Another Cusp

harvesting

The moon grows full tomorrow at the penultimate degree of the zodiac to herald the coming equinox. Night grows longer.

Persephone is damn tired and ill-tempered. She’s leaving early, ready to shrug off the birthing work of the field. The Goddess casts down her seeds, takes up her torch, and returns underground into welcome darkness. Comes the cusp of the fallow season.

Tomatoes gathered and stacked on the table before the rain forecast finally arrives to split their skins. Squash and feathers. Clusters of dusky grapes. Rain came, crowned by thunder, fast and fierce and flooded the street.

A cusp is a pointed end where two curves meet. Such a cusp is seen in the pointed ends of a crescent moon, the lip of yet another precipice, molting away one cracked skin for another.

Author: Kim K. McCrea

Kim K. McCrea earned her BA in English before embarking on a career in technology and public service. Kim won Oregon Writers Colony 2018 essay award, Treefort’s 2017 Wild West Writing Prize, and was named runner-up in Cutbank 2018 Big Sky/Small Prose contest. Her creative nonfiction is featured in Cutbank, Tishman Review, Cagibi, and elsewhere; she is the author of the novel Pandora's Last Gift. A native of the Pacific Northwest, Kim lives in Oregon, where she studies the moon and stars and wanders with her Labrador in the rain.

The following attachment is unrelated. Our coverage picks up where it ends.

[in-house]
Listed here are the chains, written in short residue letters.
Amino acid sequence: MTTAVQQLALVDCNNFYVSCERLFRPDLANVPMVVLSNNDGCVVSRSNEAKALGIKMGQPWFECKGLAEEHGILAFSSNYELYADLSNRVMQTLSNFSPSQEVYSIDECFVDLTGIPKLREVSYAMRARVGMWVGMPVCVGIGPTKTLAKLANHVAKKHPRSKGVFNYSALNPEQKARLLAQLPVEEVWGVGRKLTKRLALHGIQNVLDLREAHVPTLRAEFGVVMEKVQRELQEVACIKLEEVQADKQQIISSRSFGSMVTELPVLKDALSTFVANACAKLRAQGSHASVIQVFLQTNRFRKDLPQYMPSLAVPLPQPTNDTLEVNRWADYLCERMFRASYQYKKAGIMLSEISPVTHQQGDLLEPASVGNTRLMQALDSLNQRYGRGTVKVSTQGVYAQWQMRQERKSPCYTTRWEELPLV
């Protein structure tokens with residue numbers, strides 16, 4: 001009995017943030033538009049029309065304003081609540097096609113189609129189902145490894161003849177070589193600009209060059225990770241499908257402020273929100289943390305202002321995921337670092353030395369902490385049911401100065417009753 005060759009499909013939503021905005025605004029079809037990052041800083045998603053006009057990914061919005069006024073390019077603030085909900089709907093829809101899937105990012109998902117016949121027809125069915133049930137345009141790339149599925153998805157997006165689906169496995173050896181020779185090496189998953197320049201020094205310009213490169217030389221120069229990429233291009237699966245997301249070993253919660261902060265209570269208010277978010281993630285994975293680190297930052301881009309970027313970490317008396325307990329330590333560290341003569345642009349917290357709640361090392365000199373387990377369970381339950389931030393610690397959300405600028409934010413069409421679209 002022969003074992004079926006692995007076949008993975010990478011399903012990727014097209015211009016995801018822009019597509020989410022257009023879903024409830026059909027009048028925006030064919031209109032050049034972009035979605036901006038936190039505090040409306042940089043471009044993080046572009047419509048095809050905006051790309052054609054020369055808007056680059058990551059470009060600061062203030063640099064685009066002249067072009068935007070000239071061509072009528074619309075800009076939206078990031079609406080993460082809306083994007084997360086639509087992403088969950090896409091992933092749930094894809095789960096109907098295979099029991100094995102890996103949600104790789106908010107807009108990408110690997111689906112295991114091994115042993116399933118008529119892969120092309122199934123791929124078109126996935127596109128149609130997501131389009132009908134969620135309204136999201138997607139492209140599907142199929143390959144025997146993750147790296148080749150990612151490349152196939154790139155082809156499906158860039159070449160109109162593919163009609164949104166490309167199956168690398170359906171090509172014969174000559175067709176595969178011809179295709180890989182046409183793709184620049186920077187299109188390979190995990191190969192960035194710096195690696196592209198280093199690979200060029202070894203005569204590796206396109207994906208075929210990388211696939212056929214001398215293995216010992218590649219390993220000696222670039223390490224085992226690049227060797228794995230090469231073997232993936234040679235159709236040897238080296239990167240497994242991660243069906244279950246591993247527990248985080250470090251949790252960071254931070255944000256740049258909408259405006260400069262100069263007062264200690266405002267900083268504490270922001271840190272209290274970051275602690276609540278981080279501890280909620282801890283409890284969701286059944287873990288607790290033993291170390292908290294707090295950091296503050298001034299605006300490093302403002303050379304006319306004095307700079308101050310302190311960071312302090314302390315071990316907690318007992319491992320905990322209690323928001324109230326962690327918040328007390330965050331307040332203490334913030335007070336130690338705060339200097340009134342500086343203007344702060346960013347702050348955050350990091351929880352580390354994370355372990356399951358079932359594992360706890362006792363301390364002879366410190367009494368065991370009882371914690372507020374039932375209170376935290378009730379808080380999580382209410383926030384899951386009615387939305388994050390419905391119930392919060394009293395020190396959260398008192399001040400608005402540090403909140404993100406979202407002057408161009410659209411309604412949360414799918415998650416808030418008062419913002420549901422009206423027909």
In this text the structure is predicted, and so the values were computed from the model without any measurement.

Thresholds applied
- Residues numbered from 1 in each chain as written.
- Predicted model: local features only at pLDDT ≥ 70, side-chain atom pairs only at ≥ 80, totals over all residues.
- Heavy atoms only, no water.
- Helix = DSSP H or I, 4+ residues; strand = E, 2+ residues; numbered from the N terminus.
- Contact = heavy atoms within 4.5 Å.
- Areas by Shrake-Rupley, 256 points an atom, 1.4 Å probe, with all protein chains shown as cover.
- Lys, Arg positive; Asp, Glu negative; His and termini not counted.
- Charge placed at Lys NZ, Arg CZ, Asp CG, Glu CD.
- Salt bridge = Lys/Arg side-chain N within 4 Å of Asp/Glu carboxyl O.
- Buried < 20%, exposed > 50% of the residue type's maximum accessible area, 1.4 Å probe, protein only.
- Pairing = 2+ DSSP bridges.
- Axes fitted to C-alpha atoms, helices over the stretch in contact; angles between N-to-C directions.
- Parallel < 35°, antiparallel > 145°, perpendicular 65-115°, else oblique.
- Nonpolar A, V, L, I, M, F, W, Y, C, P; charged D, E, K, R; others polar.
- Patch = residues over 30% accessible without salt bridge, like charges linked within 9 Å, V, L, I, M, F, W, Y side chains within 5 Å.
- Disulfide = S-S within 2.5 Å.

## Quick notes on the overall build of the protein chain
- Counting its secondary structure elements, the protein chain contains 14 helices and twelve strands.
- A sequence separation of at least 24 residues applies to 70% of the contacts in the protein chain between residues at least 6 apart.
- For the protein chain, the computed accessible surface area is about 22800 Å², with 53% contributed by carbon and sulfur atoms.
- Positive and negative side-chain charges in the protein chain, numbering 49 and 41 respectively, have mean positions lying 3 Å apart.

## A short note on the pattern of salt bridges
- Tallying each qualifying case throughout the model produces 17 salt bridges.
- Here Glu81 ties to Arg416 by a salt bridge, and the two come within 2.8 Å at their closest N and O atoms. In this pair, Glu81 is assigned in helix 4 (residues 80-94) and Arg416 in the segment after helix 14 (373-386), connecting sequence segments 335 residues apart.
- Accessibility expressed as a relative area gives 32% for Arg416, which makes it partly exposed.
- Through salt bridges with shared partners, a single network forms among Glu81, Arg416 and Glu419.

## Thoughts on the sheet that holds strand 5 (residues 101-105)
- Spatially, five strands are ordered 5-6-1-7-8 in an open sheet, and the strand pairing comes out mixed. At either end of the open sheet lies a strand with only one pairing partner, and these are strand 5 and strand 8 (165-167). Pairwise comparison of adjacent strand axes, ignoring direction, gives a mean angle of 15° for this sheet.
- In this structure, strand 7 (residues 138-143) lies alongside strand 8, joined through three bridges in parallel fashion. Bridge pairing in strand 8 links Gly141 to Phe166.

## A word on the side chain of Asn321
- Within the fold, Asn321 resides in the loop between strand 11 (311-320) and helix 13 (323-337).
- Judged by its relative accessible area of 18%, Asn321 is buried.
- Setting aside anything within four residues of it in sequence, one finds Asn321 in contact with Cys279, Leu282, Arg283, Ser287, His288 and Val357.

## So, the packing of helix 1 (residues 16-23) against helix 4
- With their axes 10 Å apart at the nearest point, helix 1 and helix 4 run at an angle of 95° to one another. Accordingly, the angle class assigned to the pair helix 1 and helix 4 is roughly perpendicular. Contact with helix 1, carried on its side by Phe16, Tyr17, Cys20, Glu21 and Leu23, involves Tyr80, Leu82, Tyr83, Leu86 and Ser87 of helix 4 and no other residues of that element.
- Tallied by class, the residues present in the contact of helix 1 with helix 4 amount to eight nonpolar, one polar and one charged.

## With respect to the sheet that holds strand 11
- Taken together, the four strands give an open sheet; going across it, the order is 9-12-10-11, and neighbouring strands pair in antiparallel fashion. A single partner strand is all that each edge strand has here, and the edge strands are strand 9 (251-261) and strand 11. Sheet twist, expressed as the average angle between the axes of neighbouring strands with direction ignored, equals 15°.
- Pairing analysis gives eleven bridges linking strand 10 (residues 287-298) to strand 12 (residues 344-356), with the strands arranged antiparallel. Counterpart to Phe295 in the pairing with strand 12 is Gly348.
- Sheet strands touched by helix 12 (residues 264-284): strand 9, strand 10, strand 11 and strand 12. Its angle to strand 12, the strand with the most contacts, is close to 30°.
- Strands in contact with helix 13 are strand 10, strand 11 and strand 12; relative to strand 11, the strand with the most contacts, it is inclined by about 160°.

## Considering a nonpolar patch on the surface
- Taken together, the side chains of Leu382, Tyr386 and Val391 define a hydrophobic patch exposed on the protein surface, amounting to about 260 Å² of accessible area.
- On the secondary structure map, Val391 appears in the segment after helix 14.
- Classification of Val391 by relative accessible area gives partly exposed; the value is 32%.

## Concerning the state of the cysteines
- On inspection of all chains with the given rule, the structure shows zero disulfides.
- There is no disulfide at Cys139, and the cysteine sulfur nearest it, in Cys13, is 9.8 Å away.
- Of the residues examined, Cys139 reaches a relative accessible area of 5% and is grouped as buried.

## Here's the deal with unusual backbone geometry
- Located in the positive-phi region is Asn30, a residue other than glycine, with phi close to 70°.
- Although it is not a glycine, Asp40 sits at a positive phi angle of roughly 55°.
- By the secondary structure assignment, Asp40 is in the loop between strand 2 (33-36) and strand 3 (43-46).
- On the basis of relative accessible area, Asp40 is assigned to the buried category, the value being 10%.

5 thoughts on “Another Cusp”

  1. Here’s to Wednesday. And, the burst of summer’s final life breath. The fruit of my tomato vines (aka the tomcats) are already splitting. Sad to see them retire. Glad for their hard work. And, glad you make and share.

    Liked by 1 person

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